The Saturation Mask .8bf Plugin
Version 1.12, updated 3/15/2017

Saturation Mask Plugin LCH:  L*a*b* Lightness, Chroma, Hue
LSH:  L*a*b* Lightness, Saturation, Hue
HCY:  Hue, Chroma, Luma
HSL:  Hue, Saturation, Lightness
HSV/HSB:  Hue, Saturation, Value or Brightness
HSI:  Hue, Saturation, Intensity

Saturation Mask converts an image according to one of a number of color models and extracts the saturation or chroma channel.  It then inverts the extracted image and applies auto levels to fully expand the range from black to white.  Use the image as a mask to convert a hue/saturation control to a custom vibrance control.

Set the Color Model, then set the L* Working Space if applicable (for LCH or LSH).  Some basic concepts:

• Saturation represents the distance a color is from white.  Very dark, almost-black colors may have high saturation.  HSL is the only space in which very light colors can also be highly saturated.

• Chroma represents the distance a color is from the gray axis.  Since black and white are both on the gray axis, very light and very dark colors are treated equally, and tend to have low chroma.

• The L*a*b*-based spaces (LCH and LSH) are device-independent, and if properly applied, the results will not depend on the working space of the image.  This is not true of the other spaces.

The image below has a saturation gradient from top to bottom, and a lightness gradient from left to right.  Note that all of the saturation output spaces consider dark colors to be saturated.  The chroma spaces represent what I think most people intiutively consider “color saturation” to be.


Version 1.12 has replaced HCY’s chroma from the YCbCr space (Cb2 + Cr2) with that of hue, chroma, luma (max(R,G,B) - min(R,G,B)) as it is more perceptually uniform.  A bug was also corrected that prevented full masking of all colors in LCH.

Of note, Photoshop, PhotoLine, and perhaps other image editors appear to use chroma rather than saturation for the Hue/Saturation adjustment and Saturation blend mode.  The first image on the left is the saturation gradient image above, layered on top of itself and desaturated with the Hue/Saturation control, blend mode Difference.  Notice that the effect of desaturation takes the shape of the chroma images above.  The second image is the gradient image again, layered on top of a solid red background, blend mode Saturation.  The same pattern is evident.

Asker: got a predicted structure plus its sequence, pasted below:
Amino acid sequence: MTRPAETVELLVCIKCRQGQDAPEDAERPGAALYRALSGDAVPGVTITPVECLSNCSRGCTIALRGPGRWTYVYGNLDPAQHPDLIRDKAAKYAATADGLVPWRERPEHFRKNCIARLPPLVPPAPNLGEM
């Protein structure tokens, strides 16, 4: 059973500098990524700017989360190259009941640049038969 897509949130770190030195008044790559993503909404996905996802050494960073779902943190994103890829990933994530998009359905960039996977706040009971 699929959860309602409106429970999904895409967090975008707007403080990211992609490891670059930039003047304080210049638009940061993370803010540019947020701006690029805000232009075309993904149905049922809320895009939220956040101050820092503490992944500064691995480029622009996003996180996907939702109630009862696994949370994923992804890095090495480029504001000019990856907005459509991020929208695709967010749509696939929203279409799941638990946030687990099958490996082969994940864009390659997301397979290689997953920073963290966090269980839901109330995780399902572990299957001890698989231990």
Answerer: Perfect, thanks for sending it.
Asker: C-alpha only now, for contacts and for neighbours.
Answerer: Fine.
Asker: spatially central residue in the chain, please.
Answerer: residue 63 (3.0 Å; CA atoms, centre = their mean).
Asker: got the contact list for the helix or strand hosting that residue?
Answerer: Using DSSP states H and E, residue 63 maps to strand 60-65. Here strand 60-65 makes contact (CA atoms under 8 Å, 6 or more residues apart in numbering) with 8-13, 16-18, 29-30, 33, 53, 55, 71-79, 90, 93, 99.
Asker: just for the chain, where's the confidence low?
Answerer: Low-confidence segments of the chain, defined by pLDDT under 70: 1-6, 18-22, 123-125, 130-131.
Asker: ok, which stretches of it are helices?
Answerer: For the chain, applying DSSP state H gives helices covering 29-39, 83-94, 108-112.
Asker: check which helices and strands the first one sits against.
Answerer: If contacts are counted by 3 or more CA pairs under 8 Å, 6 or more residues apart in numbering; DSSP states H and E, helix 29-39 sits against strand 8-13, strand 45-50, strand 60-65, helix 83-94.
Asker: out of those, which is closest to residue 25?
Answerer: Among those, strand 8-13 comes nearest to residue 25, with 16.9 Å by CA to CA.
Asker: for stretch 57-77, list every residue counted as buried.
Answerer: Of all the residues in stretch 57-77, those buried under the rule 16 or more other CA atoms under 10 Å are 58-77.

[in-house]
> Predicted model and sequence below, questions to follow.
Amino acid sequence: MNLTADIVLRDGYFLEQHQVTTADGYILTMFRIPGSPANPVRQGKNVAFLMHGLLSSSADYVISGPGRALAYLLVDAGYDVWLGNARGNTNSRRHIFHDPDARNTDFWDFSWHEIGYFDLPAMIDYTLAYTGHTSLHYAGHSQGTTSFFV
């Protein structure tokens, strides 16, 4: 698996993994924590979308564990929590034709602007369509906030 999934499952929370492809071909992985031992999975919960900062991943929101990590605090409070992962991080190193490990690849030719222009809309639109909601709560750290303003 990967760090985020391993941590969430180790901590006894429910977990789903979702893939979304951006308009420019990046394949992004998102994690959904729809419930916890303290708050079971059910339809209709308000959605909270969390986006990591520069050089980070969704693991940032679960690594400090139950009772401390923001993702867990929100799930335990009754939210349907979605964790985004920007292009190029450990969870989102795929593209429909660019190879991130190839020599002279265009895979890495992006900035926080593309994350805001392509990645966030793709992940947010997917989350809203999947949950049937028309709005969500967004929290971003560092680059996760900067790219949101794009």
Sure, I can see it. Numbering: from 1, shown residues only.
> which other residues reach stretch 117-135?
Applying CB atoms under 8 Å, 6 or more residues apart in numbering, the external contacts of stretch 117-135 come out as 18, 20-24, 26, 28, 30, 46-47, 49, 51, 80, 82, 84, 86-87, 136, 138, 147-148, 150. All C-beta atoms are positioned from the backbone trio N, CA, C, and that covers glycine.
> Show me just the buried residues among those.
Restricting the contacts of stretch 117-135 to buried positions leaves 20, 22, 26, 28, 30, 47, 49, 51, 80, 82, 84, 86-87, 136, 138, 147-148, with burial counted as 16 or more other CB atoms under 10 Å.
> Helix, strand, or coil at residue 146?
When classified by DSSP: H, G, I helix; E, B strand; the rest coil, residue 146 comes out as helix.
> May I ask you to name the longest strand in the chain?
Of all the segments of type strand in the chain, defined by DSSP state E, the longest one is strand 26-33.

When using the plugin adjustments, remember that the image is a mask; more = darker.  Lighter areas are less saturated in the original image and, being less masked, will be more affected by a saturation control.  The Black slider moves the low end of the value range like a levels control.  Move it all the way to zero to bypass auto levels.  Curve applies a simple gamma curve to lighten or darken the image.  When both sliders are set to zero, the resulting image is the inverted but otherwise unmanipulated saturation or chroma channel.  Invert results in a “reverse vibrance” mask; saturation adjustments target the more highly saturated values.  16-bit images work best; 8-bit images may show banding and noise.

To use, create the mask, then apply it to a hue/saturation adjustment layer.  It then becomes something like a vibrance adjustment whose color ranges can be adjusted independently.  Use Preview to see the effect of the mask.  The preview histogram is a saturation histogram. White (background) is the original image; black (foreground) is the processed image.


How to create and apply the mask

Open an image


Select — All
Edit — Copy (Merged if applicable)
Edit — Paste

Or, right click the background — Duplicate Layer

Filter — RC Filters — Saturation Mask
Select — All
Edit — Copy
Hide the mask layer (click the eyeball icon)
Layer — New Adjustment Layer — Hue/Saturation
OK (no adjustments yet)
Alt+click the adjustment layer mask to show it
Edit — Paste
Alt+click the layer mask to hide it

Now adjust the Hue/Saturation layer.


Layer — New Adjustment Layer — Hue/Saturation
OK (no adjustments yet)
Edit — Merged Copy (note:  Duplicate Layer sometimes causes unexpected results)
Edit — Paste as Layer
Filter — RC Filters — Saturation Mask
Layer — Merge Down (into the Hue/Saturation layer)

Now adjust the Hue/Saturation layer.


Download the zipped file, then copy SaturationMask.8bf into your plugins folder.  It will appear under “RC Filters.” version 1.12, 315 KB, 64-bit applications.  It works for me in Photoshop CS5 and PhotoLine 20, Windows 7. version 1.12, 312 KB, 32-bit applications, Windows 32 or 64 bit.  It works for me in IrfanView 4, Windows 7. |  source code

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© 2017 by Russell Cottrell; released under the GNU General Public License.
Updated 3/15/2017.